This role facilitates the people doing the work. Here, Ruth decided to hire a senior person, because this person needs to interact at the project portfolio level to advocate for the team. Ruth suspects that the team will be able to facilitate itself pretty soon. I was nervous about Ruth’s assumption, because in my experience it takes a while for a new team to fully transition to agile. She wanted someone who was also a great negotiator, and could communicate well, both in email and in person.

She needed someone who was, as she said, a good “diagnoser.” Someone who could look at the project measurements, hold up a mirror to the team, and ask, “What’s going on?” Ruth was sure that was some sort of an agile skill, so she knew she needed someone experienced in agile. She also knew she needed someone who could learn enough about their system quickly.

If we summarize Ruth’s criteria for her servant leader, here’s what her first iteration looks like:

Essential skills for Ruth’s Agile Project Manager
  • High collaboration skills with the project team and project portfolio team
  • High facilitation skills with the project team
  • High negotiation skills with the project portfolio team
  • High communication skills across the organization
  • Diagnostic skills for what’s going on in the team
  • Able to learn our system quickly

Ruth might have other desirable qualities, preferences, or skills, such as budgeting, or ability to travel. The fact that she wants someone who can work at the project portfolio level is part of her culture.

That’s just one kind of servant leader. There are others.

What Happens When Your “Scrum Master” is a Manager?

Harry was the senior manager who was trying to make Scrum stick. He noticed that the teams were not sticking to Scrum—they were doing water-scrum-fall—because the people are not being loyal to their project teams. The people were loyal to their functional silos.

When you have a strong matrix organization and a weak project organization, as Harry had, it’s quite easy for people to do the work for their functional teams. Their managers ask them, “Can you do this little task for me?” Who wants to say “No,” to a manager?

Those little tasks take time away from project work and make it more difficult to accomplish the project work.

What can you do? Ask the managers to help the projects, not help other work.

I had suggested they change the organization to remove the many managers and create project-based teams instead. You should have seen the look of horror on his face! Not going to happen. Instead, he suggested that the managers become Scrum Masters for other project teams—not their own projects. Well, okay, that might work.

When Harry wrote the job description for these Scrum Masters, it was clear he was focusing on impediment removal:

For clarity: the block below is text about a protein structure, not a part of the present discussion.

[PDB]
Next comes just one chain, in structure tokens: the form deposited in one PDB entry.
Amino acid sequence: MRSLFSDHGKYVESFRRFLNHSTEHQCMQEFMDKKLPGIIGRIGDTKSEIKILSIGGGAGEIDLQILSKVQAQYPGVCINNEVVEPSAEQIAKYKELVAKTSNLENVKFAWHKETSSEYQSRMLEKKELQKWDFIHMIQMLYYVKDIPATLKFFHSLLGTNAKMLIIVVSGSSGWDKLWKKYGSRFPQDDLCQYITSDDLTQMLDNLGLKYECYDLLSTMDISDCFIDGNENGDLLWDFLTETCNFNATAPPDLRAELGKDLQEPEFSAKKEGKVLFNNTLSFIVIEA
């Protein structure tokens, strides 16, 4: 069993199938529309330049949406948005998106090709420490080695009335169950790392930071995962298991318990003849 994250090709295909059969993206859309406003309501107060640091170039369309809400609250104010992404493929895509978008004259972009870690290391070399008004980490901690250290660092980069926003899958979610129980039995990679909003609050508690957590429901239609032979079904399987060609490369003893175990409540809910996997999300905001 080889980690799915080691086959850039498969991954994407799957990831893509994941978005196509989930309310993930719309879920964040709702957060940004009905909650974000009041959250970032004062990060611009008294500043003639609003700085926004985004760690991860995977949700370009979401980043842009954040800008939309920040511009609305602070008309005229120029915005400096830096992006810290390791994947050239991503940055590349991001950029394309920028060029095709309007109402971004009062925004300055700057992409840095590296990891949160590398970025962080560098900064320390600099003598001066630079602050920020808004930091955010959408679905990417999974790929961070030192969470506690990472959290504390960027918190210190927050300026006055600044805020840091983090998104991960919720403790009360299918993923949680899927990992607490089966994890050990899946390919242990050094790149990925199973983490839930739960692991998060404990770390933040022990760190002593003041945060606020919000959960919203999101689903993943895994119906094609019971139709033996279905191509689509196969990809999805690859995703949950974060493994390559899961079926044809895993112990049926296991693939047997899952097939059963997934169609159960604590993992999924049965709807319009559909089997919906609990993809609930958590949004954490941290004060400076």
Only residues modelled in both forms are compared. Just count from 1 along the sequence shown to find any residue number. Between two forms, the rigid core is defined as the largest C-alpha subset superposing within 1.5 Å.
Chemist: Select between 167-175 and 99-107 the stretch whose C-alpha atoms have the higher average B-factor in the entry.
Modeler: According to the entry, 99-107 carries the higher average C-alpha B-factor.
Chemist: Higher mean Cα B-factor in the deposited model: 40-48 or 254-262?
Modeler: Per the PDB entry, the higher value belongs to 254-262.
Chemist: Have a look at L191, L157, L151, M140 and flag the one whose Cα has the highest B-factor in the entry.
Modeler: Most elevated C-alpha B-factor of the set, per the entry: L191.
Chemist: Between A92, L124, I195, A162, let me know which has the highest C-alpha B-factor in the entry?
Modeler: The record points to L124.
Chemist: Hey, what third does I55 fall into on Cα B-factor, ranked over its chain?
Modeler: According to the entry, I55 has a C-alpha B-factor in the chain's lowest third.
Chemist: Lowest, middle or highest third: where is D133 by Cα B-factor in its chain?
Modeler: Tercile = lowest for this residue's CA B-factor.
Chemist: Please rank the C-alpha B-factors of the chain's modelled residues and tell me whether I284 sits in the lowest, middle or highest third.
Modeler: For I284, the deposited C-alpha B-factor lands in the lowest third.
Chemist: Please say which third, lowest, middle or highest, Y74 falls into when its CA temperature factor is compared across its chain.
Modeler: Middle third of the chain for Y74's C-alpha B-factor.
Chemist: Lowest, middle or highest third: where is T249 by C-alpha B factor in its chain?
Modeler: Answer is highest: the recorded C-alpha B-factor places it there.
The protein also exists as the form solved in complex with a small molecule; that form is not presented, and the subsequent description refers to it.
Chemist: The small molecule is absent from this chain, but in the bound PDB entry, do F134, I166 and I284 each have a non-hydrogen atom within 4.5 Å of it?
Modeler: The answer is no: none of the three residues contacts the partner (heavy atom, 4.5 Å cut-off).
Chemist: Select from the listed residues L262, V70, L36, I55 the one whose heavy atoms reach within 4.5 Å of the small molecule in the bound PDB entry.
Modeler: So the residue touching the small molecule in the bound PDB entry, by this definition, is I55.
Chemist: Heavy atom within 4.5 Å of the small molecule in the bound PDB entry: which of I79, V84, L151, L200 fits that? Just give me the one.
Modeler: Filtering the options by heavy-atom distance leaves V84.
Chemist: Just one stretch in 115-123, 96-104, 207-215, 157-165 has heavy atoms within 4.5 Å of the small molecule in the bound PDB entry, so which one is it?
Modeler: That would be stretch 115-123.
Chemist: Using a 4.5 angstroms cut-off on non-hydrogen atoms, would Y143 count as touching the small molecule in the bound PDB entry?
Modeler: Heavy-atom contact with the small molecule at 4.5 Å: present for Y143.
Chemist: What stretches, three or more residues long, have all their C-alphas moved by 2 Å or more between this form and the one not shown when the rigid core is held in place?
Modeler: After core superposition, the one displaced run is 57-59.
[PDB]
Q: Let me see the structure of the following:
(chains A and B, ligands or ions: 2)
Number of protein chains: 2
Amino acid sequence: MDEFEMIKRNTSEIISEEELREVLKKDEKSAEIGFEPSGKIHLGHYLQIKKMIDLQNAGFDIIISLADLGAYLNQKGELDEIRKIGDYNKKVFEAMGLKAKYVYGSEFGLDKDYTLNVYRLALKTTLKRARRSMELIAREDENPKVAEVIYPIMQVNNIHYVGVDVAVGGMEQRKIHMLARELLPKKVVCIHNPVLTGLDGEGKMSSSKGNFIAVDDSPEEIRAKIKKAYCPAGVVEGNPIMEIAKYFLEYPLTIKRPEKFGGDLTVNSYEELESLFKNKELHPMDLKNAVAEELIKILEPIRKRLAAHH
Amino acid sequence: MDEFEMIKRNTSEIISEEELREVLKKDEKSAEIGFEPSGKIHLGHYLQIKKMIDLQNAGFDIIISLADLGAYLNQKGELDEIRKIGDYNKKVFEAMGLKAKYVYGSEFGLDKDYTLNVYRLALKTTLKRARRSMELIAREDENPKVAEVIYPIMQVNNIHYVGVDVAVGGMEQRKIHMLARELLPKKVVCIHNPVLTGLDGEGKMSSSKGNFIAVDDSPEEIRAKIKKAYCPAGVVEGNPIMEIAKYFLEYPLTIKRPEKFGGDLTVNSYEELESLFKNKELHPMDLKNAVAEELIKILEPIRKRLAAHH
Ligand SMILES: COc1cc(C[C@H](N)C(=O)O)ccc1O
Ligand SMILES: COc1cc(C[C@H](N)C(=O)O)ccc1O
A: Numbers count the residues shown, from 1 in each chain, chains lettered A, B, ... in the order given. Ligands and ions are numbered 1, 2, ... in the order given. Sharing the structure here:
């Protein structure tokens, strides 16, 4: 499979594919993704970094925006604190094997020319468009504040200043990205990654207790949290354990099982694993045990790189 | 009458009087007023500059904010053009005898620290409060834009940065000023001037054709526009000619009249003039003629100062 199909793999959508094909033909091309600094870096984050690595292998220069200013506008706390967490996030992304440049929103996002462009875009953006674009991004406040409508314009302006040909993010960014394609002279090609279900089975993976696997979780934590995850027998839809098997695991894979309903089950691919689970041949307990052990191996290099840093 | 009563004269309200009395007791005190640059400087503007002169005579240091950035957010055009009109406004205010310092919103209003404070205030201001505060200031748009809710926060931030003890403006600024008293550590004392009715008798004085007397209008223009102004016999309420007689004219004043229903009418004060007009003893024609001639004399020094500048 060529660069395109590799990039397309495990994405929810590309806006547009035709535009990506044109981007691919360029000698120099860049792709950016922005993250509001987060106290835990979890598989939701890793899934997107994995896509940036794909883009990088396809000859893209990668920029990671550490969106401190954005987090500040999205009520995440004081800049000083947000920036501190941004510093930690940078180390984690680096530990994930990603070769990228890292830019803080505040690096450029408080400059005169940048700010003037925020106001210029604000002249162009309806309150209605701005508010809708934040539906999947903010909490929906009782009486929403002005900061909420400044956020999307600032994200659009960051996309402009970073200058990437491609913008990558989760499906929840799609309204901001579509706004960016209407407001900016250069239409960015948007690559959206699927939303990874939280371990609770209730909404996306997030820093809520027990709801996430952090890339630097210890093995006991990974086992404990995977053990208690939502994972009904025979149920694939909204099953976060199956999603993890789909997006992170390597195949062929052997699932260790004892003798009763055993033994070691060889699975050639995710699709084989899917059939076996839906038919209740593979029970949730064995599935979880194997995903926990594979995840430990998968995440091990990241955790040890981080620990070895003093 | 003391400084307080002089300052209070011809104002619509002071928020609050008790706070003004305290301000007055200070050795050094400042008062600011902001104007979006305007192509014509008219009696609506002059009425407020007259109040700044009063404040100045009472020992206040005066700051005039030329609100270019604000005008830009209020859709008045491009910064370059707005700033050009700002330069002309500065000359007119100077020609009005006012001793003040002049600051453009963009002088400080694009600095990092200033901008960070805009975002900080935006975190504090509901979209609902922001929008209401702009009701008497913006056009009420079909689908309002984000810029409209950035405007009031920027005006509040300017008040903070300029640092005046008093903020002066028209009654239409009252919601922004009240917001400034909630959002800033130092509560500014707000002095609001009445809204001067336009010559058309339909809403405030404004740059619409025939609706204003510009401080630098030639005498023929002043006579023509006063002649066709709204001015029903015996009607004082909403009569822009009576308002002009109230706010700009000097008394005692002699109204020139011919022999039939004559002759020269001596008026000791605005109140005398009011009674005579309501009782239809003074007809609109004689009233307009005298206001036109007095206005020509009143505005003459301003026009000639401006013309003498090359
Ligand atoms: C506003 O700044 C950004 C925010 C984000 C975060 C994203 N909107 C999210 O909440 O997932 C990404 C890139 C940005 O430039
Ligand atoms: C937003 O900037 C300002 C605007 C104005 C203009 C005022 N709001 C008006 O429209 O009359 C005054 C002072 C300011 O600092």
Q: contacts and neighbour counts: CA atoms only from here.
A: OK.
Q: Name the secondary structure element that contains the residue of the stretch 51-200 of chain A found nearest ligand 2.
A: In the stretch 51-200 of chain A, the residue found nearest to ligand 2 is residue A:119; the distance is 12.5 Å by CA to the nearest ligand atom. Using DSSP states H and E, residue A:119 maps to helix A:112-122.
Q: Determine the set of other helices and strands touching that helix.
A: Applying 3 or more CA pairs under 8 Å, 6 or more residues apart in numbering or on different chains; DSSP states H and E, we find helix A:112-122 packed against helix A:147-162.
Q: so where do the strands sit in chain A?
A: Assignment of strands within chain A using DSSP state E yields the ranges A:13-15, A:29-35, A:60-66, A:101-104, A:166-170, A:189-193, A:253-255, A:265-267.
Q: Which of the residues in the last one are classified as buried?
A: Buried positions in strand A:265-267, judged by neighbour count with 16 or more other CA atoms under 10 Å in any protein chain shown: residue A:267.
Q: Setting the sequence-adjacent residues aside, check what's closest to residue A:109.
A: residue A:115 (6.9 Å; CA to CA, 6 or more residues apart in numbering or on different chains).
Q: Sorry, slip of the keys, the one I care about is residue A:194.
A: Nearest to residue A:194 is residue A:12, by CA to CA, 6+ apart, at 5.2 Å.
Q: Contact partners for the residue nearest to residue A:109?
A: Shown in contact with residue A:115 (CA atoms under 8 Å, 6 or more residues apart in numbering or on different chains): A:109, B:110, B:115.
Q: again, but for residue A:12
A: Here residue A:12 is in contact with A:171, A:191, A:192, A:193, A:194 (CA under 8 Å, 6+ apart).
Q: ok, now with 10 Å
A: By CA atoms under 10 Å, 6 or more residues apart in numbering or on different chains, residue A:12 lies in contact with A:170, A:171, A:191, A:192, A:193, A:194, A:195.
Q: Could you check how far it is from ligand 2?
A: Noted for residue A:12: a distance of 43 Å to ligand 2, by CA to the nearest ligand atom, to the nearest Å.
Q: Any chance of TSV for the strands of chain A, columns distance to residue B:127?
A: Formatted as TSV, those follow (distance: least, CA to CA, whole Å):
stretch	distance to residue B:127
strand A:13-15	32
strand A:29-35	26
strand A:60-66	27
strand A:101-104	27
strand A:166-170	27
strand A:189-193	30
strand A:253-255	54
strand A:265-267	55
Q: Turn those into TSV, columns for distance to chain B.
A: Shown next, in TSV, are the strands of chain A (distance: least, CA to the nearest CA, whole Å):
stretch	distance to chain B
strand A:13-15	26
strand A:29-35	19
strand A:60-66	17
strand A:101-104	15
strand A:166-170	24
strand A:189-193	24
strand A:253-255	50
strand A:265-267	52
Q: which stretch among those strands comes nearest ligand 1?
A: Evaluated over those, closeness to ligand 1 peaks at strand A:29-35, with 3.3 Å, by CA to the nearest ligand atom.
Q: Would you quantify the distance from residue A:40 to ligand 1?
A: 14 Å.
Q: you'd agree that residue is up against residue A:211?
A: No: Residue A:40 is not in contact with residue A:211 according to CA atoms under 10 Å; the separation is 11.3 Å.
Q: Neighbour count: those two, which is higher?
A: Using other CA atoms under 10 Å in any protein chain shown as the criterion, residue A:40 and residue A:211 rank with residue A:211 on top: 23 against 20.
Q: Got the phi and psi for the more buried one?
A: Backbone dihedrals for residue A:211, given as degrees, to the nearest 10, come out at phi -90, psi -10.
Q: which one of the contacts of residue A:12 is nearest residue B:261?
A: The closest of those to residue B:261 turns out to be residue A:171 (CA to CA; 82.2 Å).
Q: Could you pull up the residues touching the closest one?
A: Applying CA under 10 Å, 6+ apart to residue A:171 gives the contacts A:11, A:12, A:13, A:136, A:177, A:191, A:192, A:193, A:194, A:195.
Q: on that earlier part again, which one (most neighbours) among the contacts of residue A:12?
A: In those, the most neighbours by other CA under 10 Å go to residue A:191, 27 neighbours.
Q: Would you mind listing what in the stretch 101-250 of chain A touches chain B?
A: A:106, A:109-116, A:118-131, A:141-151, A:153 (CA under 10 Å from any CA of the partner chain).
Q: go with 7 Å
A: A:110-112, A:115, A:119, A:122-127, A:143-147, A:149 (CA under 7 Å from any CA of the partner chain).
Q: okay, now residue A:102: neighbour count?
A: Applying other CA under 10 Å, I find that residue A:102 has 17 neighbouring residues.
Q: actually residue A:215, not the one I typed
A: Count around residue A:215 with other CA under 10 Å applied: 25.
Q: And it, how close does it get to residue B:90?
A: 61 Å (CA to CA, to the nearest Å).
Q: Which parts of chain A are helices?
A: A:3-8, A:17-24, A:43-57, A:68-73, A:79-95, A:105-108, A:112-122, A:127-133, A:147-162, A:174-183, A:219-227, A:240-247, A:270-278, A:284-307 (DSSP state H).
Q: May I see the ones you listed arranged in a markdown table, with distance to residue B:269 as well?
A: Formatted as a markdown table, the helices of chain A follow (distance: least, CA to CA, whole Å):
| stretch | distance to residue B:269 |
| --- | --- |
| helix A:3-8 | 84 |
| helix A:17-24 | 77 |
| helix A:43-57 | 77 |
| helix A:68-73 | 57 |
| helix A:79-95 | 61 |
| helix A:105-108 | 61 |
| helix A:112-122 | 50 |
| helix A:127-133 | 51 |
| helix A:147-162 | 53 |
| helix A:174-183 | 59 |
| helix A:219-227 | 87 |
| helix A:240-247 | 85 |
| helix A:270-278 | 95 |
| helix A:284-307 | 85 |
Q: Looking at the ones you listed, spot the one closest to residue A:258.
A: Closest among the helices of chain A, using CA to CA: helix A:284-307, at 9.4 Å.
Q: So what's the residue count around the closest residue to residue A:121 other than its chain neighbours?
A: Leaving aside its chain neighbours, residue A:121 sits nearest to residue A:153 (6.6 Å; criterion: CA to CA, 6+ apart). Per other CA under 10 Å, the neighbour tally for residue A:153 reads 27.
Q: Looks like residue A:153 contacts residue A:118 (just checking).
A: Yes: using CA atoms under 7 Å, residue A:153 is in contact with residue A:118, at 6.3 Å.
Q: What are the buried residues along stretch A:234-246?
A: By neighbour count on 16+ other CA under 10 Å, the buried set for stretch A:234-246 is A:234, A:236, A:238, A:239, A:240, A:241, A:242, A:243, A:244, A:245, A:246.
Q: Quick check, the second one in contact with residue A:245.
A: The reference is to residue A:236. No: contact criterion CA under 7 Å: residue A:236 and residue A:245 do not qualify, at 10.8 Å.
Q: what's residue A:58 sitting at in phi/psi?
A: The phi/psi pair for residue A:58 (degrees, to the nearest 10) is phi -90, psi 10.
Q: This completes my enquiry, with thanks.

• High collaboration skills with the other managers
  • High facilitation skills with the project team
  • High negotiation skills with the other managers
  • High diagnostic skills for what’s going on in the team

Harry wanted the organization to complete its transition to agile and he was willing to make the managers Scrum Masters for cross-functional teams. He wanted the managers to work across the organization to accomplish this.

When Your Servant Leader’s Primary Role is Coaching

I normally separate facilitating the team from the coaching. But Valerie decided that she needed just one person in this position. And, the coaching would have to be subtle.

To me, this is a tall order. Subtle coaching as part of facilitation? This might require a very special person. I asked Valerie what the activities and deliverables were. “Retrospectives with action items are the first piece. If we don’t have retros with action items, we are still doing something wrong. So we need someone who can facilitate our retrospectives.” I asked about metrics, because I had not seen any velocity or burn-up charts or any other useful charts.

“Yes, we need data, too. But we can’t have someone beating the team over the head with data. Otherwise this will turn into command and control again”. I agreed with her.

Valerie needs someone with very strong facilitative skills. They need the ability to run retrospectives and be able to suggest alternative approaches to the team at any time. Someone who understands what data is valuable in agile and what data is not valuable.

Valerie’s initial draft for her essential qualities, preferences, and skills were these:

  • Strong facilitation: in retrospectives, team meetings, and one-on-one
  • Strong coaching skills: one-on-one and in teams
  • High collaboration skills in the team
  • Able to suggest data gathering approaches to the team

As an initial draft to use in a job analysis, these are great. Valerie will be able to use these to create her interview questions and auditions.

Leading Geographically Distributed Teams is More Difficult

Once you add in the stress of managing a geographically distributed team, you need not only a change agent, as in Anne’s case, but someone who can understand the cultures of the people in different places.